Yesterday, our local news featured a piece about Stop & Shop’s regional compost facility in Assonet, MA. This is such an amazing facility, and hopefully becomes a model of efficiency for other large companies:
Some might ask how in the world this seems to excite me? Well, environmental advocacy aside, I’ve been up close and personal with this place – being one of three to dive in!
I’ve done some cool projects, but this one stood out, at least within the last few years…not only was it cool, but it was hot at the same time…
A stand pipe located in the digestion tank had been compromised at a joint adjacent to where the pipe penetrated the tank walls through a flange. As much as divers are the last people many want to call in these circumstances, it was somewhat emergent, and so there we were. This posed a number of unique challenges which is what got me excited about the job. These challenges meant lots of risk mitigation, sound planning and coordination, and a little bit of innovation to create a safe immersion environment.
- First, the fluid was about 100 degrees F. At that temperature, sweating doesn’t help with cooling the body very well. Couple this with the requirement to wear a vulcanized rubber suit for protection from the microbial slurry in the tank made heat stress a real concern. On fairly short notice, we designed and built a cooling system for the diver which made 20-30 minute immersions tolerable.
- Second, entry into the compost tank meant “opening the hatch”. The system is designed to be closed to preserve the microbial culture. A baffle was designed to be installed at the point of entry which restricted ambient exposure to a small surface area. This baffle also kept the gasses produced in the tank (methane and CO2 primarily) isolated from the work crew. So, with proper decon in and out of the tank, the culture was preserved and that meant a huge savings in not having to start the culture over.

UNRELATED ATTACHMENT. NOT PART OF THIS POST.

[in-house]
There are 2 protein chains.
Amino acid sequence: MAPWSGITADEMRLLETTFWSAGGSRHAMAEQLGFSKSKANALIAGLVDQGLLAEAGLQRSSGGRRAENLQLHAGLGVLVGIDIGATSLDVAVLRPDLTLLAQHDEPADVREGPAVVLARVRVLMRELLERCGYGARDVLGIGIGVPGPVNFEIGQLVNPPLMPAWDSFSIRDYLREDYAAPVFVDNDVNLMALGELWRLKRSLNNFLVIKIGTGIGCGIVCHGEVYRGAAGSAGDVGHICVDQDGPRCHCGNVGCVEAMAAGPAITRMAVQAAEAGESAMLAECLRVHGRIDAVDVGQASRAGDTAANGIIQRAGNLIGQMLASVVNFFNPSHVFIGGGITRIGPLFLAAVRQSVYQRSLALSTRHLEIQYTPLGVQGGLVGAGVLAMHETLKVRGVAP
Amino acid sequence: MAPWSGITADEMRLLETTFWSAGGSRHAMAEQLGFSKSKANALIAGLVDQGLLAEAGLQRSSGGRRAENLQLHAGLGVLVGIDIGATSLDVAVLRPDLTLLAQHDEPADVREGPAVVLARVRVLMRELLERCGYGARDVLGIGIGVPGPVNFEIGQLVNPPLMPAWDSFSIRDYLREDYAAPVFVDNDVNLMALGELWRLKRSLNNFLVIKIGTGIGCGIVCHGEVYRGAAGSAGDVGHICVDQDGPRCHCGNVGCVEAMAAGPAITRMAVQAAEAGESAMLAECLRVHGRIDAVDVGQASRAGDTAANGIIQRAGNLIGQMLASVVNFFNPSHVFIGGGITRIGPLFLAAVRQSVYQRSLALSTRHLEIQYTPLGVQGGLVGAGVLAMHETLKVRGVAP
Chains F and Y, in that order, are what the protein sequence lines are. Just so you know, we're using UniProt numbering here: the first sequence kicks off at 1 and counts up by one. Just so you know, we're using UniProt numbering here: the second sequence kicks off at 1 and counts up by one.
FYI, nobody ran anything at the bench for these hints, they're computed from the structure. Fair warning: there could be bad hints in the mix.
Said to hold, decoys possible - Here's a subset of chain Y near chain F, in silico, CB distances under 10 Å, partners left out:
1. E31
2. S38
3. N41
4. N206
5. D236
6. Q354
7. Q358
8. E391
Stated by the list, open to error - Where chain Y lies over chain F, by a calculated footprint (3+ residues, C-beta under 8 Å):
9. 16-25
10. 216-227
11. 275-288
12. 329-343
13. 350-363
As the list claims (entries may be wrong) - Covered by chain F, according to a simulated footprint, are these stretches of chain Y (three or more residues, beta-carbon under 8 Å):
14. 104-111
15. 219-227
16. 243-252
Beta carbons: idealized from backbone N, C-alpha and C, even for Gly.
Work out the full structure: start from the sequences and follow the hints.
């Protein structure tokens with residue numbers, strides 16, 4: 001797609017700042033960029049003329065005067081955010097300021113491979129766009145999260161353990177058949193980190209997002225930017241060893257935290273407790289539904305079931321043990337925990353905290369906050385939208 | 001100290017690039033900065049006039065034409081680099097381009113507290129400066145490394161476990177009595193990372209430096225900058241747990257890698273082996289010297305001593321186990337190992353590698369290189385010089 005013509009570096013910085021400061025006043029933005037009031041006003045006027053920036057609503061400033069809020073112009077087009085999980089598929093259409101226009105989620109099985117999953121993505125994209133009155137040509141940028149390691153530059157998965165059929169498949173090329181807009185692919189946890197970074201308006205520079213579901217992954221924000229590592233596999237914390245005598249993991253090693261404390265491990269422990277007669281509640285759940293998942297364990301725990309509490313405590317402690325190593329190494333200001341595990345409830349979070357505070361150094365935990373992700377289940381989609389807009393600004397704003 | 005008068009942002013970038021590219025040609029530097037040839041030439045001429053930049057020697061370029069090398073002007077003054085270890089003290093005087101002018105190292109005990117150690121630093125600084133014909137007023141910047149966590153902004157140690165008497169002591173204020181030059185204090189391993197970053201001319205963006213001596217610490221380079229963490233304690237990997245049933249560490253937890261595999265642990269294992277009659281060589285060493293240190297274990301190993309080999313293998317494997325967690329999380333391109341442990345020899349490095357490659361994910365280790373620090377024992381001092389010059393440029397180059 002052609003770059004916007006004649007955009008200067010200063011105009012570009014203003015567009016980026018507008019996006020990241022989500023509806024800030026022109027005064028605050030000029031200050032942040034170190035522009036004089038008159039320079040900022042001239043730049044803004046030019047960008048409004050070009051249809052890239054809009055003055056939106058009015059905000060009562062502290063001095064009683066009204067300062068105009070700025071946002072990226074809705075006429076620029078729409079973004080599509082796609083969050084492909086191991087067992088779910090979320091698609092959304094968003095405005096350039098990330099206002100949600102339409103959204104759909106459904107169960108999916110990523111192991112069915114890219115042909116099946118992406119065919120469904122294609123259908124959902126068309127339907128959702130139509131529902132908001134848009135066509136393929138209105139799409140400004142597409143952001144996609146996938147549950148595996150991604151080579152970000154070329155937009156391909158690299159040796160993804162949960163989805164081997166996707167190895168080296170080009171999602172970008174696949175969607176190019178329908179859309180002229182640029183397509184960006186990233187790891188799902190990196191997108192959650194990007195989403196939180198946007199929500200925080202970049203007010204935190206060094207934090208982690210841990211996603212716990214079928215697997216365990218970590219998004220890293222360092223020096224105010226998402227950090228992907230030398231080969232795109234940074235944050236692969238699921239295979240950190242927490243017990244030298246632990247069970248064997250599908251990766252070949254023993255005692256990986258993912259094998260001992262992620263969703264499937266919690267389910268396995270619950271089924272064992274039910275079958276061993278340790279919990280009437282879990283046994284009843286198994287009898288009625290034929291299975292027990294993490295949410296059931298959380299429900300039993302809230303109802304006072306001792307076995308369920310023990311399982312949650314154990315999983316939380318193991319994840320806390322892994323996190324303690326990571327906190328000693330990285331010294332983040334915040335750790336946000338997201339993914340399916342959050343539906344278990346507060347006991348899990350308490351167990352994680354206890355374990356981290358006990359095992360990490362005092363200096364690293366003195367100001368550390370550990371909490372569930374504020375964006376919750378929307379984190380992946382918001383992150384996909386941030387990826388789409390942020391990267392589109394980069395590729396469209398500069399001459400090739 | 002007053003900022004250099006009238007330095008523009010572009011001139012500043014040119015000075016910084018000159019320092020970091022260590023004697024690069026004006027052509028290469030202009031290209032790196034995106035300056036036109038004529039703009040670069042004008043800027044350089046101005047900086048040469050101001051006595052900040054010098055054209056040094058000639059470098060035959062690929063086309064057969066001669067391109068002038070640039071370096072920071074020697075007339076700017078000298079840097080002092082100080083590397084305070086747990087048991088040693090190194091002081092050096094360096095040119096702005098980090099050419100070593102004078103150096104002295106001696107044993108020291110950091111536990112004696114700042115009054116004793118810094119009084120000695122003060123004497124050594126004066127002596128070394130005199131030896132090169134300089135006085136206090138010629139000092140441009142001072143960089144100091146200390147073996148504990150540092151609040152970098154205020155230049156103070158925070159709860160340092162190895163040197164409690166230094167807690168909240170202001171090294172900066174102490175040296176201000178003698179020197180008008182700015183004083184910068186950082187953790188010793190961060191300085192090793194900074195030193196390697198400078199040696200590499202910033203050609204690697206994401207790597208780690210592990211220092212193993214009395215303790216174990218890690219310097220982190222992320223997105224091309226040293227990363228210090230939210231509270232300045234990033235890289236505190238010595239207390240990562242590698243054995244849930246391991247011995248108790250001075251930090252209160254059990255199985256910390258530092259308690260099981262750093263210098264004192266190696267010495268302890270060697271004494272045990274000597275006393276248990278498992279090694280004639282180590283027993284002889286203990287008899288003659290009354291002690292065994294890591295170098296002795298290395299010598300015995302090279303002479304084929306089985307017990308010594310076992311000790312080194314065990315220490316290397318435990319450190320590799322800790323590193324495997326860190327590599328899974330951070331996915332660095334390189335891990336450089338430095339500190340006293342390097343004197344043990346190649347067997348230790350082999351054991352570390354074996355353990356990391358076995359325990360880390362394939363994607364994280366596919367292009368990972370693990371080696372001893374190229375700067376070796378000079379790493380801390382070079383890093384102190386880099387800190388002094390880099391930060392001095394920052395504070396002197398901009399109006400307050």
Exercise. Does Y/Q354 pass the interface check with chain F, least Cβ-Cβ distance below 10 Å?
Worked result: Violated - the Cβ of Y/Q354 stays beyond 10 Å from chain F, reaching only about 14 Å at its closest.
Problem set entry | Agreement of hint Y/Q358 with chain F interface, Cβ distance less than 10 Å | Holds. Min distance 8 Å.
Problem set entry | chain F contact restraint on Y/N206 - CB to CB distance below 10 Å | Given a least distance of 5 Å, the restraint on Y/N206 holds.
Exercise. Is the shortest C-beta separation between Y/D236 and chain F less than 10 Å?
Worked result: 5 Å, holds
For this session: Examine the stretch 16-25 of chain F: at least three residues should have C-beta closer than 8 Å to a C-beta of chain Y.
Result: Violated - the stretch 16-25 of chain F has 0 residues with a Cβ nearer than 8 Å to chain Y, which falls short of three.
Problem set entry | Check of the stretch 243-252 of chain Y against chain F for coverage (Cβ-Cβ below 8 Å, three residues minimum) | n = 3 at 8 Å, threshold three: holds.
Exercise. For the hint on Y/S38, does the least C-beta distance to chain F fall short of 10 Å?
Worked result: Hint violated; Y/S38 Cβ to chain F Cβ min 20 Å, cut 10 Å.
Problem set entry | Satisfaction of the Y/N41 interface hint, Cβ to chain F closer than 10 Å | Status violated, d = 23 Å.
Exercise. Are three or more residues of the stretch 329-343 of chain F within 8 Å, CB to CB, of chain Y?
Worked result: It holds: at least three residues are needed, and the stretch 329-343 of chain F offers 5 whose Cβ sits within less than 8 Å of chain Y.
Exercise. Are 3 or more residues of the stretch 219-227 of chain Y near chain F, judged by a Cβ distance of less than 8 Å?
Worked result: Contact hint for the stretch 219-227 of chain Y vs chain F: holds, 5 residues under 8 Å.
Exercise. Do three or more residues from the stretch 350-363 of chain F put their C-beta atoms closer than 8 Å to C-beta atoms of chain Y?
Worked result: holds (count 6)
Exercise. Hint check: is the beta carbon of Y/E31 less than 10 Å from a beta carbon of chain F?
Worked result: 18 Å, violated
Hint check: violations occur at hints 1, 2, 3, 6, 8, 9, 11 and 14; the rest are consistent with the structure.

- Third, blackwater conditions. This isn’t all that inordinary in commercial diving, but this job was blacker than black. Not only was the dive within an enclosed space, but the fluid was 20% organic solids meaning that not even a light would help with visibility. Our crew had to advise on designing the pipe repair section such that it could be installed in the blind and also with little tactile reference given the requirement for bulky rubber gloves that impeded dexterity.
Good times had by all!
These are the moments that make we divers proud. There indeed remain challenges that are not possible to be overcome without human intervention. The hard part is being ready when the phone rings.. That state of readiness is where the investment lies in proficiency for advanced diving operations, and why we’re so expensive!
Need a compost diver? www.newenglanddivingservices.com